The philosophical interest on the topic of disability is fairly new and, given this, a lot of issues are yet to be explored. The aim of this conference is to bring together postgraduate students who work in this area and who engage with questions such as: disabled or differently-abled? What is a disability? How should we think about disabilities? What is the relationship between a disability and the context in which it occurs? What are the metaphysically relevant aspects of disability? How should disability be seen from a political point of view? Is there an ethics of disability? What is the place of a phenomenology of disability? What ought to be changed in the way we see and consider disability? etc. Everyone interested in the subject is invited and welcome to attend the conference.
This event is organised by the Leeds 'Minorities & Philosophy' chapter. MAP is a collection of students in English-speaking philosophy departments that aims to examine and address issues of minority participation in academic philosophy. Though primarily led by graduate students, MAP also relies on faculty support and encourages undergraduate participation.
Through MAP's network, students can exchange ideas on topics related to minorities and philosophy, meet and support peers, and learn from other philosophy departments. MAP chapters can choose to provide their respective departments with regular feedback on the department climate.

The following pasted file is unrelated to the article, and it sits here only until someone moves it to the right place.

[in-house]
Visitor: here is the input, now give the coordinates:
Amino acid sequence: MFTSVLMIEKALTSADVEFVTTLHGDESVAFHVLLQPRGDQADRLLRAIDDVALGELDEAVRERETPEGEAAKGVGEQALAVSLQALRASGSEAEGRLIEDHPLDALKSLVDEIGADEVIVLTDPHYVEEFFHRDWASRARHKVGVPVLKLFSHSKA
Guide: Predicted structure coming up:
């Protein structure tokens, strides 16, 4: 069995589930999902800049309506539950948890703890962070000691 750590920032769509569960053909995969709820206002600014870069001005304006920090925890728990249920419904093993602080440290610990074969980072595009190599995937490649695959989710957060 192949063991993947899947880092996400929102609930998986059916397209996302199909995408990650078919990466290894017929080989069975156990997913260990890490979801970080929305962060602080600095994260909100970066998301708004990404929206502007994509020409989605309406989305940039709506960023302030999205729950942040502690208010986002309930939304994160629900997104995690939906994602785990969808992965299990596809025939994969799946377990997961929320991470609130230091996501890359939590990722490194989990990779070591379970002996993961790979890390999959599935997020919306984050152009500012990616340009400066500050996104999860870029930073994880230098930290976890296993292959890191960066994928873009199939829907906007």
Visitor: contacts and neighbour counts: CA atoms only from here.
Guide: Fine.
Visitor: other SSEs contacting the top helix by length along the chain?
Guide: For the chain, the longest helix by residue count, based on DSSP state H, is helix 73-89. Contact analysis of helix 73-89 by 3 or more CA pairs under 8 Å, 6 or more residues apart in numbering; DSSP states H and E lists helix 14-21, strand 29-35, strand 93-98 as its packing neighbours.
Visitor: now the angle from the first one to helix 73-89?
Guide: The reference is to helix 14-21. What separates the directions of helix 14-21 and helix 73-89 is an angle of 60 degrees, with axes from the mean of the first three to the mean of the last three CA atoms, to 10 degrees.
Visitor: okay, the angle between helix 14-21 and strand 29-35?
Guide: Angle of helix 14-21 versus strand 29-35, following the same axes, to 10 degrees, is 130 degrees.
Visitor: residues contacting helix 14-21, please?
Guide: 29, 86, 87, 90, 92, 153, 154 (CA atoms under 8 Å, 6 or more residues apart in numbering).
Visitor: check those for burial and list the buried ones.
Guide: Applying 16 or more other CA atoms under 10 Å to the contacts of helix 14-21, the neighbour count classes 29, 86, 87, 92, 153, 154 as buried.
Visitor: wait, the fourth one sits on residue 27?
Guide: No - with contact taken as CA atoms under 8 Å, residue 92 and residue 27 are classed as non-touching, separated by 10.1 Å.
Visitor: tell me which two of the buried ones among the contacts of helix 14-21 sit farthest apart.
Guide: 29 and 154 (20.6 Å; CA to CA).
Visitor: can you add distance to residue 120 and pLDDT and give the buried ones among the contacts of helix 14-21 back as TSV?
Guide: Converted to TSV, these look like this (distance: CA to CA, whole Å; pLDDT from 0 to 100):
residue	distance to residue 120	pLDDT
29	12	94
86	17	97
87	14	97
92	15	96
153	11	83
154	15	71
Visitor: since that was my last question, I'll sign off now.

Though the format of MAP varies from school to school, each chapter aims broadly at addressing (a) minority issues in the profession, (b) theoretical issues regarding philosophy of gender, race, sexual orientation, class, disability, native language, etc, and (c) philosophy done from minority perspectives. Meeting formats include: external or internal speakers, reading groups, film screenings, mentorship events for undergraduates or graduates, panel discussions, practical workshops (e.g., on communication techniques, navigating stereotype threat or implicit bias). Once a year, representatives from each participating school meet to discuss their chapter's progress.
In the short term, MAP provides a forum for students to discuss these topics and connect with interested peers. In the long term, we hope that MAP will contribute to improved department cultures and facilitate increased participation of underrepresented groups in academic philosophy.
Minorities and Philosophy: www.mapforthegap.com/
MAP@Leeds website: mapleeds.weebly.com/
MAP@Leeds Facebook page: www.facebook.com/groups/mapleeds/